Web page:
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Icon of the ‘Mo

Frank Jackson played and sang in the Fillmore for seven decades.

ONE OF THE enduring musical careers of Fillmore’s jazz era ended on February 5 when pianist and vocalist Frank Jackson died at age 92 of complications of the flu.

He was playing almost until the very end. His last gig was on January 25 at Pier 23, with Al Obidinski on bass and Vince Lateano on drums. Jackson started sneezing on the way home, and within a few days had a cold that kept getting worse. On February 4, he was admitted to the V.A. Hospital in Palo Alto and diagnosed with the flu. He died the next day.

“He was so full of life, wonderful memories and compassion for all,” said his wife and No. 1 fan Kathy Jackson in announcing his death. “His talent and repertoire were unparalleled.”

Jackson was born in 1925 in Cleburne, Texas. He moved with his family — his parents, four older siblings and two nephews — from Texas to San Francisco in 1942 and rented a house in the Fillmore that had previously been occupied by a Japanese family interned during World War II.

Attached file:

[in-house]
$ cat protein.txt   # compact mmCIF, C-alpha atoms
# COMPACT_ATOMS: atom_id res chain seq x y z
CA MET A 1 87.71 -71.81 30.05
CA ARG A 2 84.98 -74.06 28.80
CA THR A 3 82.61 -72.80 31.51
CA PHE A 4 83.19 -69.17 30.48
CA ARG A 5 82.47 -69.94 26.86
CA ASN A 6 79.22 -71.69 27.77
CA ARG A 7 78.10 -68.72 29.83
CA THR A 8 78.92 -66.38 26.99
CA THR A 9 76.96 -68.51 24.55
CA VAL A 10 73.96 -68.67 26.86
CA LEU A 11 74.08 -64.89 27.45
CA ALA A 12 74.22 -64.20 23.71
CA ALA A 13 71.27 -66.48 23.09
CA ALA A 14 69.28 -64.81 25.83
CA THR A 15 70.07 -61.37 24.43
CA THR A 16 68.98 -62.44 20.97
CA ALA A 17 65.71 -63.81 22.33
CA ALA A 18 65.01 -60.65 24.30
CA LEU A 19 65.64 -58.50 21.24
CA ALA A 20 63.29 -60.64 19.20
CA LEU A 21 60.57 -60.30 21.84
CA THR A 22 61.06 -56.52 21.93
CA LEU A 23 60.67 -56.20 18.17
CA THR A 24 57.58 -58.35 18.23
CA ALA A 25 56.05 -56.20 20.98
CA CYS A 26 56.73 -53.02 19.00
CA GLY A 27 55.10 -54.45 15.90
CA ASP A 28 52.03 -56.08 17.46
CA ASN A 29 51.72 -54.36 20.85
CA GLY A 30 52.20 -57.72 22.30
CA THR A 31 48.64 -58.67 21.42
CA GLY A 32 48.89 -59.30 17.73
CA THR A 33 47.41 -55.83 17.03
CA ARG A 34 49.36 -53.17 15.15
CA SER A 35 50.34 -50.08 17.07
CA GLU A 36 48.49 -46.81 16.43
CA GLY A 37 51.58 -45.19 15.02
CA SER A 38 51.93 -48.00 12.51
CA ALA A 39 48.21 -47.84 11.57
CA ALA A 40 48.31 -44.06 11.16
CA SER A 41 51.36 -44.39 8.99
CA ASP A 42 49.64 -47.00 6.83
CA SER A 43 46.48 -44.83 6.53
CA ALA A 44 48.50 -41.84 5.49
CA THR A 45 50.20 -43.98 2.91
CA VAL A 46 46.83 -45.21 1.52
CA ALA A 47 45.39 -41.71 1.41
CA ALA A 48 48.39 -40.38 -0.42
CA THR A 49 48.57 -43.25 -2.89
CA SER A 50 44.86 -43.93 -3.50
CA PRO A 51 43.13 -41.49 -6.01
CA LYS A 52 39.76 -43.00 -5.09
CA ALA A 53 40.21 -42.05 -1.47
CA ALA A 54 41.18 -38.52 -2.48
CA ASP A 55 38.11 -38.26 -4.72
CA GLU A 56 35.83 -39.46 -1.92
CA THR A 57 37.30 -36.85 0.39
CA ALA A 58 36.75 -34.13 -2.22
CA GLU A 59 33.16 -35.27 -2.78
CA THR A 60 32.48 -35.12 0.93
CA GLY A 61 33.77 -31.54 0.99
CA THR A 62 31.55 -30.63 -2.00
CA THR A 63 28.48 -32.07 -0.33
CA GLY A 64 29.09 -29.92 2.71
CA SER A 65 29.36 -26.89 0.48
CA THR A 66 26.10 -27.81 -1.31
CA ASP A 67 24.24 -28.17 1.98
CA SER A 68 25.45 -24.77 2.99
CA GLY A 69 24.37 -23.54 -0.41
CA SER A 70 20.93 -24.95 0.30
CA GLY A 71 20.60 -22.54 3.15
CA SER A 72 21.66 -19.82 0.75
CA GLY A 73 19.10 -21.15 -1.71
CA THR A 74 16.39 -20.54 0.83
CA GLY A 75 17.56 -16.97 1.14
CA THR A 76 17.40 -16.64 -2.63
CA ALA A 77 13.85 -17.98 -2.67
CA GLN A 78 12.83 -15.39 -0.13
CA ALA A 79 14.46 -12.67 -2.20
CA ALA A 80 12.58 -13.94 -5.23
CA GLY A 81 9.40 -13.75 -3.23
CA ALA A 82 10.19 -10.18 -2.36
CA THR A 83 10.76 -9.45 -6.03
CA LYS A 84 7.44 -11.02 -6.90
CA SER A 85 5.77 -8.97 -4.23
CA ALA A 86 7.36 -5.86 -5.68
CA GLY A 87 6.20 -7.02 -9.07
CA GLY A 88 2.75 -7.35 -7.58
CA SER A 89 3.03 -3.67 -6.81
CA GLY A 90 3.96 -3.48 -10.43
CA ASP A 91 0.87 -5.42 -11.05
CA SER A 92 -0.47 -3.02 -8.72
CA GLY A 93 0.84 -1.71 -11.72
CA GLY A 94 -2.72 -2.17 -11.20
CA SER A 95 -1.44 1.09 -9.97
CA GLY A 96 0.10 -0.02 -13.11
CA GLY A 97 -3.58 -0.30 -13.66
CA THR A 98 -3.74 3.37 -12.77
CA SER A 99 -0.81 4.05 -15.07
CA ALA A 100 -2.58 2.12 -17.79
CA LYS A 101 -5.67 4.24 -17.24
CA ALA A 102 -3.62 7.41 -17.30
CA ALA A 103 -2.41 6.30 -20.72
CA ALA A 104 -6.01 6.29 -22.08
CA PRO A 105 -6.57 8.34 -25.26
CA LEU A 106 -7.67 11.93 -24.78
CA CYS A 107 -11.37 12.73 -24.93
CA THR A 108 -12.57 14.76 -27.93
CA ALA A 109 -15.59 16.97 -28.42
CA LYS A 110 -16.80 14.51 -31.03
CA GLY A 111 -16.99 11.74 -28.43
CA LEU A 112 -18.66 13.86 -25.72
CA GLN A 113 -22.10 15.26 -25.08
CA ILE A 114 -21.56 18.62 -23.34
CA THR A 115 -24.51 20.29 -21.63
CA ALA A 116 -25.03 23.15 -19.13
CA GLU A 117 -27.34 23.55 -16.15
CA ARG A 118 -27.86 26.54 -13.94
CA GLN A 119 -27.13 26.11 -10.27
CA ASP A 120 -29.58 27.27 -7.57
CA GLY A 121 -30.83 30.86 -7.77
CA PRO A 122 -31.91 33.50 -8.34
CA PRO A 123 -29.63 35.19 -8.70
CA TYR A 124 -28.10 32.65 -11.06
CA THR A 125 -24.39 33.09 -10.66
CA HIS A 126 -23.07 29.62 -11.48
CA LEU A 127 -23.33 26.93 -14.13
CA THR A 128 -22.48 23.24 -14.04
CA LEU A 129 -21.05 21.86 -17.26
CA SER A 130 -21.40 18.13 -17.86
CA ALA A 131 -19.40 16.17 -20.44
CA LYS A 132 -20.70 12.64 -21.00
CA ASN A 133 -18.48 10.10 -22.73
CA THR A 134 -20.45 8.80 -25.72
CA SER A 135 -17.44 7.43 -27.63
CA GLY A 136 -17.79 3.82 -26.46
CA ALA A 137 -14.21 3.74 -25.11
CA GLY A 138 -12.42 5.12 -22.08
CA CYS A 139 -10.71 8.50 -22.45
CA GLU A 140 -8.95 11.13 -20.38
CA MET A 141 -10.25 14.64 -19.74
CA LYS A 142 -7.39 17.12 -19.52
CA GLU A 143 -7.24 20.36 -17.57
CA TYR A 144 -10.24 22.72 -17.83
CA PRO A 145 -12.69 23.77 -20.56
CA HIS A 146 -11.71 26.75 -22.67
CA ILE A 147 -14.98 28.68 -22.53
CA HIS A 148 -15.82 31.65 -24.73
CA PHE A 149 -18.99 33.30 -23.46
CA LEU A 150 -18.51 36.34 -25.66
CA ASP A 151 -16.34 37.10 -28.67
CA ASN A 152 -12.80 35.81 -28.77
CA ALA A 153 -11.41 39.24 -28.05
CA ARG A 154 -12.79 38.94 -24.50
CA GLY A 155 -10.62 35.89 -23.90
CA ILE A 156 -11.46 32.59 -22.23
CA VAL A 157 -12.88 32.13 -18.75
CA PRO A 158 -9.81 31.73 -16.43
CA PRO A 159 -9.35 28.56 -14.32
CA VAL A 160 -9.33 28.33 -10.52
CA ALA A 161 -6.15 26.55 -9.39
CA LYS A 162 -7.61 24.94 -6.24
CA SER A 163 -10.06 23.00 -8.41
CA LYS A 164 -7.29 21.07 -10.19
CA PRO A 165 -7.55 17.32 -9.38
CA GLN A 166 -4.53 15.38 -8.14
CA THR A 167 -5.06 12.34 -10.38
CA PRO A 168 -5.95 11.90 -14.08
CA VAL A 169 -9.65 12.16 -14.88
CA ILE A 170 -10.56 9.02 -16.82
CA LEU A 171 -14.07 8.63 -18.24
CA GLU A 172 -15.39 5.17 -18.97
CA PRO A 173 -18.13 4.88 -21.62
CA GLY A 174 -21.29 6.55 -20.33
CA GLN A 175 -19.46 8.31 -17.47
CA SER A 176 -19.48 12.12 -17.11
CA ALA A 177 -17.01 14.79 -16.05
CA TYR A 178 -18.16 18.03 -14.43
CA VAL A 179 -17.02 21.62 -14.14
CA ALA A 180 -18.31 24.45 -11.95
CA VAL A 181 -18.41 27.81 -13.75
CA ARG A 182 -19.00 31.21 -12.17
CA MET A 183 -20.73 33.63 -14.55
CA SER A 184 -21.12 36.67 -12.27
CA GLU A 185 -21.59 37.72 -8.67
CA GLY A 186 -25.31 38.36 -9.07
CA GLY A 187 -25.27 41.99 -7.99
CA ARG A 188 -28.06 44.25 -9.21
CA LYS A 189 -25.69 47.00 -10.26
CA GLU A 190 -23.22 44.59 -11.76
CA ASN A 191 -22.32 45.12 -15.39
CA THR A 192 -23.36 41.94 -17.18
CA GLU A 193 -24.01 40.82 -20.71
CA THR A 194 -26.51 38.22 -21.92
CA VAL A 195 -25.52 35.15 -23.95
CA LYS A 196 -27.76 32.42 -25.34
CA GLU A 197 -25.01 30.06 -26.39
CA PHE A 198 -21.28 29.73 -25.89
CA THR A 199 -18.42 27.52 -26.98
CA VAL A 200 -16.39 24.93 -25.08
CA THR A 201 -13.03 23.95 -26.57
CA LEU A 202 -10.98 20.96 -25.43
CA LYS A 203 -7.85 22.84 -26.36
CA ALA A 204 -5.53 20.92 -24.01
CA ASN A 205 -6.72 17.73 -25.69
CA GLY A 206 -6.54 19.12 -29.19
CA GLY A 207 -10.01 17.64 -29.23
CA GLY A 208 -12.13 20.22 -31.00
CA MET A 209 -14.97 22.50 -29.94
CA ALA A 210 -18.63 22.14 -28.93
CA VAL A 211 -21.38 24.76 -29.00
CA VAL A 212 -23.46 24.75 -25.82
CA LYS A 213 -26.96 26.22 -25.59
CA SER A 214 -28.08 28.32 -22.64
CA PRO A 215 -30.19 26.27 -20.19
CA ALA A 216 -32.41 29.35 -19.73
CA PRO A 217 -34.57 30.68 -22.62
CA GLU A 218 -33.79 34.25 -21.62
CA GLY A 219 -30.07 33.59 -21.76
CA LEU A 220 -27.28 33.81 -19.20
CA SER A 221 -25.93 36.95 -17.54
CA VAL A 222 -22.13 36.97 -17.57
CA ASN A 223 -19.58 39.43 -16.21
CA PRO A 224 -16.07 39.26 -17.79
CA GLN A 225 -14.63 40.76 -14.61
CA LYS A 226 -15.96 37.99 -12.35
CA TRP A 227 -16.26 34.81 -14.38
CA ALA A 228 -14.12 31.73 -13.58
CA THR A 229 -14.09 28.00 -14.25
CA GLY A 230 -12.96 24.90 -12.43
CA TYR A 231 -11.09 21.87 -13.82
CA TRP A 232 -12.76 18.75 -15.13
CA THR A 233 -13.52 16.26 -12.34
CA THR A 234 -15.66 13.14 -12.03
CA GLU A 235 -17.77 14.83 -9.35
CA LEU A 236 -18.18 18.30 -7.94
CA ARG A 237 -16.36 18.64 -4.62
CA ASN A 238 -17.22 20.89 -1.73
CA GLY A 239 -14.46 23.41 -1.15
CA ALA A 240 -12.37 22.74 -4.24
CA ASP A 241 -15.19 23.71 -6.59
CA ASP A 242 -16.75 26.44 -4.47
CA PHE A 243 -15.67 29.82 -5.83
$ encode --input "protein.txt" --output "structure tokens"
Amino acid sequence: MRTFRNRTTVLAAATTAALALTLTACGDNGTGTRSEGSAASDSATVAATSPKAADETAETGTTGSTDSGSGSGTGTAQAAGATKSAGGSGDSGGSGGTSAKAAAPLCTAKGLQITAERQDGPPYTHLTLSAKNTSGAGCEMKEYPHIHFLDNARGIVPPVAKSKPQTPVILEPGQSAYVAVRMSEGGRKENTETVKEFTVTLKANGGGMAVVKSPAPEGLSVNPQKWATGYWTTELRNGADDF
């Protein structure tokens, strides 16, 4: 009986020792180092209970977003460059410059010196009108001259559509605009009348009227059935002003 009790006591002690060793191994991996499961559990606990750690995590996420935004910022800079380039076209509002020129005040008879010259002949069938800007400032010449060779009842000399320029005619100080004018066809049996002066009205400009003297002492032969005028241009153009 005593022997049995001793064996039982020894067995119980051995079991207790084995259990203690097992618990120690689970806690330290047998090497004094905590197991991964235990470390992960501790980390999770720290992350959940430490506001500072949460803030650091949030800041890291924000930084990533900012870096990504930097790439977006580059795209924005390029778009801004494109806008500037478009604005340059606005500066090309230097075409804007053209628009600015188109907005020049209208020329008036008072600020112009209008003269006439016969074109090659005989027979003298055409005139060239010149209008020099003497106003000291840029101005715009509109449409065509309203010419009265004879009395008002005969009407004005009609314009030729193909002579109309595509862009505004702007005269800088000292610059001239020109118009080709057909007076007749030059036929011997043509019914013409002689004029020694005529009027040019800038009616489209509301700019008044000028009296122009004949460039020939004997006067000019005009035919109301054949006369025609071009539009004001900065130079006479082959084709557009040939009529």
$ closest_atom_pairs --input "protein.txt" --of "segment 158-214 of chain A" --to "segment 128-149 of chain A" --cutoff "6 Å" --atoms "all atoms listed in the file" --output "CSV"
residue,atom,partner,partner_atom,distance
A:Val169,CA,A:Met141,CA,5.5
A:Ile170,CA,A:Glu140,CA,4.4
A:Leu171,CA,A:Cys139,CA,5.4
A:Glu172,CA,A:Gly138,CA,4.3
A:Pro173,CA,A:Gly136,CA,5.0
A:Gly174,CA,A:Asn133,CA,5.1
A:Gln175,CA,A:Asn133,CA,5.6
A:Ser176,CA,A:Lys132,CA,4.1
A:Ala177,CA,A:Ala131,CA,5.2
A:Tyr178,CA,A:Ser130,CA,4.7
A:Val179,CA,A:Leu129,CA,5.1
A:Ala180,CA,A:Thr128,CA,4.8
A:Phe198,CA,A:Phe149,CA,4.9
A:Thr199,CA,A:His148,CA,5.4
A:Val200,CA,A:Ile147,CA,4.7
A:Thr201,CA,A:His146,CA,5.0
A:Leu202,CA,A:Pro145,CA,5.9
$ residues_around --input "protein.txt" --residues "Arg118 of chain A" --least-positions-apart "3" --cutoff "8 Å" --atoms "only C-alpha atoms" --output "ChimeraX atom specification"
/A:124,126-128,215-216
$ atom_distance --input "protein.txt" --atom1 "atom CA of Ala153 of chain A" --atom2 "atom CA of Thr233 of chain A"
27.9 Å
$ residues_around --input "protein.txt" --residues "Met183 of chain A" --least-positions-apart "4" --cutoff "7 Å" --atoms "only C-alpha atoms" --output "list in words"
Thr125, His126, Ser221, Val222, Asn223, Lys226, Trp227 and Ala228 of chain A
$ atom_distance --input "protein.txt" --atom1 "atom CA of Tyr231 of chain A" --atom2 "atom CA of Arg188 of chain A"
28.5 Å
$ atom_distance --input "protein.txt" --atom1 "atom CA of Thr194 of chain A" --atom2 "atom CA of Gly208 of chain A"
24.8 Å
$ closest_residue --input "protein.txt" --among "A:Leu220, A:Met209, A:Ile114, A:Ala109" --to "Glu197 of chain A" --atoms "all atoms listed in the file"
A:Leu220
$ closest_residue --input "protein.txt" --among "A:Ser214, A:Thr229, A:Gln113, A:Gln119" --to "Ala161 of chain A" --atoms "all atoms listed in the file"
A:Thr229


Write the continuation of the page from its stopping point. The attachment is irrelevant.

Jackson began playing in neighborhood clubs while he was still a teenager. When he returned in 1946 from two years in the Army, he found himself in the center of the exploding Fillmore jazz scene. With his own groups and as a sideman, sometimes backing visiting stars such as T-Bone Walker, Ruth Brown and Lionel Hampton, he played all the Fillmore joints. They included Vout City — which soon became the after-hours club Jimbo’s Bop City, where Jackson was in the house band — as well as the Blue Mirror, Club Alabam, Jack’s Tavern and the lounge at the Booker T. Washington Hotel.

“The Fillmore, when we came here, was open to everybody,” Jackson told Lewis Watts and Elizabeth Pepin Silva in an oral history for their book, Harlem of the West. “Downtown, there were some problems. You’d get an uncomfortable feeling. I could see what my parents had to go through in Texas.”